5 Summary

The deep XMM-Newton observation of a northern field in the LMC allows to uniquely classify the detected X-ray sources down to flux levels of $\sim$10-14 erg cm-2 s-1 from their X-ray properties alone. X-ray spectra obtained by the EPIC cameras over a relatively broad energy band (0.15-12.0 keV) emphasize the various energy distributions observed from the different types of X-ray sources. A first analysis of twenty selected sources, presented here, yielded the discovery of a previously undetected supersoft source, revealed two ROSAT sources with indication for spatial extent as supernova remnants and rendered the detection of a possible pulsation in the X-ray flux of a candidate HMXB in the LMC. This increases the number of known HMXBs in the observed field to four. Among the fourteen brightest sources three HMXBs, one foreground star and up to ten AGN were found. Particular results on individual objects are discussed in Sect. 3 while in Sect. 4 the analyzed sample of X-ray sources is considered in the view of source population studies in the Magellanic Clouds and nearby galaxies in general.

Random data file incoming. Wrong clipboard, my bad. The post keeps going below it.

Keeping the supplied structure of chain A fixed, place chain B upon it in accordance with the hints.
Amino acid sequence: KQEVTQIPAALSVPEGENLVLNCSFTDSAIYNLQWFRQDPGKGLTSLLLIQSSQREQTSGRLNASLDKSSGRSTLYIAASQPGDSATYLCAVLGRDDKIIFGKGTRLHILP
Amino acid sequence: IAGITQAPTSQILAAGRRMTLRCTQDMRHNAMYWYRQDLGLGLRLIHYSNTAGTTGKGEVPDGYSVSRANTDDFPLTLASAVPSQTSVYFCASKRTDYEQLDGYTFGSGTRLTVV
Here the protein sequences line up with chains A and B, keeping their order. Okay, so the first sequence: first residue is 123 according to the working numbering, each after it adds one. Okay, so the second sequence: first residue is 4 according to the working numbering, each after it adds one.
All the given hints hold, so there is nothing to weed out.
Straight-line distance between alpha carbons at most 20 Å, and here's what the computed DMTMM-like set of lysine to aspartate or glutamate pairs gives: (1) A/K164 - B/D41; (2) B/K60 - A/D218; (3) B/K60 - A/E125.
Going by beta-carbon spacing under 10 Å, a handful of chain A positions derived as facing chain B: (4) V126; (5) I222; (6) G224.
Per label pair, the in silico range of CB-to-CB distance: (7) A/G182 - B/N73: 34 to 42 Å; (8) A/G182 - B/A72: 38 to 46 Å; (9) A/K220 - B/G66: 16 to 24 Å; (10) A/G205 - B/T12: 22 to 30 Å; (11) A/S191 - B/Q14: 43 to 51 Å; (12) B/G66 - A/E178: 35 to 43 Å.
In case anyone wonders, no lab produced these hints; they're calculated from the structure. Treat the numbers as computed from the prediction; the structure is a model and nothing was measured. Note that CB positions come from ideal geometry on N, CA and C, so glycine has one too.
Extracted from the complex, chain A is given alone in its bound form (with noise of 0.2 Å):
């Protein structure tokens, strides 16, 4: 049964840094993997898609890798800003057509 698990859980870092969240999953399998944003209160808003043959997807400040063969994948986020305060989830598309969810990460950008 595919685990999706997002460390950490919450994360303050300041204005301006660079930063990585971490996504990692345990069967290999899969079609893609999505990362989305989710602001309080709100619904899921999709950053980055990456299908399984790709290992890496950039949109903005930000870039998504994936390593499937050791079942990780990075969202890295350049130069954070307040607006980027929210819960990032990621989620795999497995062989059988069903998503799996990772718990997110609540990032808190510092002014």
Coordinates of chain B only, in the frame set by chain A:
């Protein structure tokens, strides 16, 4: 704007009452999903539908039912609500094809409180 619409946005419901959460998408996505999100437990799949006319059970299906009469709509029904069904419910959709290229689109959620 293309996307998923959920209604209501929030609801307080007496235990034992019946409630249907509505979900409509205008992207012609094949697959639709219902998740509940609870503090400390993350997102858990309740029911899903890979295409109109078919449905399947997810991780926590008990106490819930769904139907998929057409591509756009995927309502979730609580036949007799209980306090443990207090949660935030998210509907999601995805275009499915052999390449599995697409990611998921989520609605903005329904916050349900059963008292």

Acknowledgements

The XMM-Newton project is supported by the Bundesministerium für Bildung und Forschung / Deutsches Zentrum für Luft- und Raumfahrt (BMBF / DLR), the Max-Planck-Gesellschaft and the Heidenhain-Stiftung. The USNO A2.0 catalogue was produced by the US Naval Observatory.

References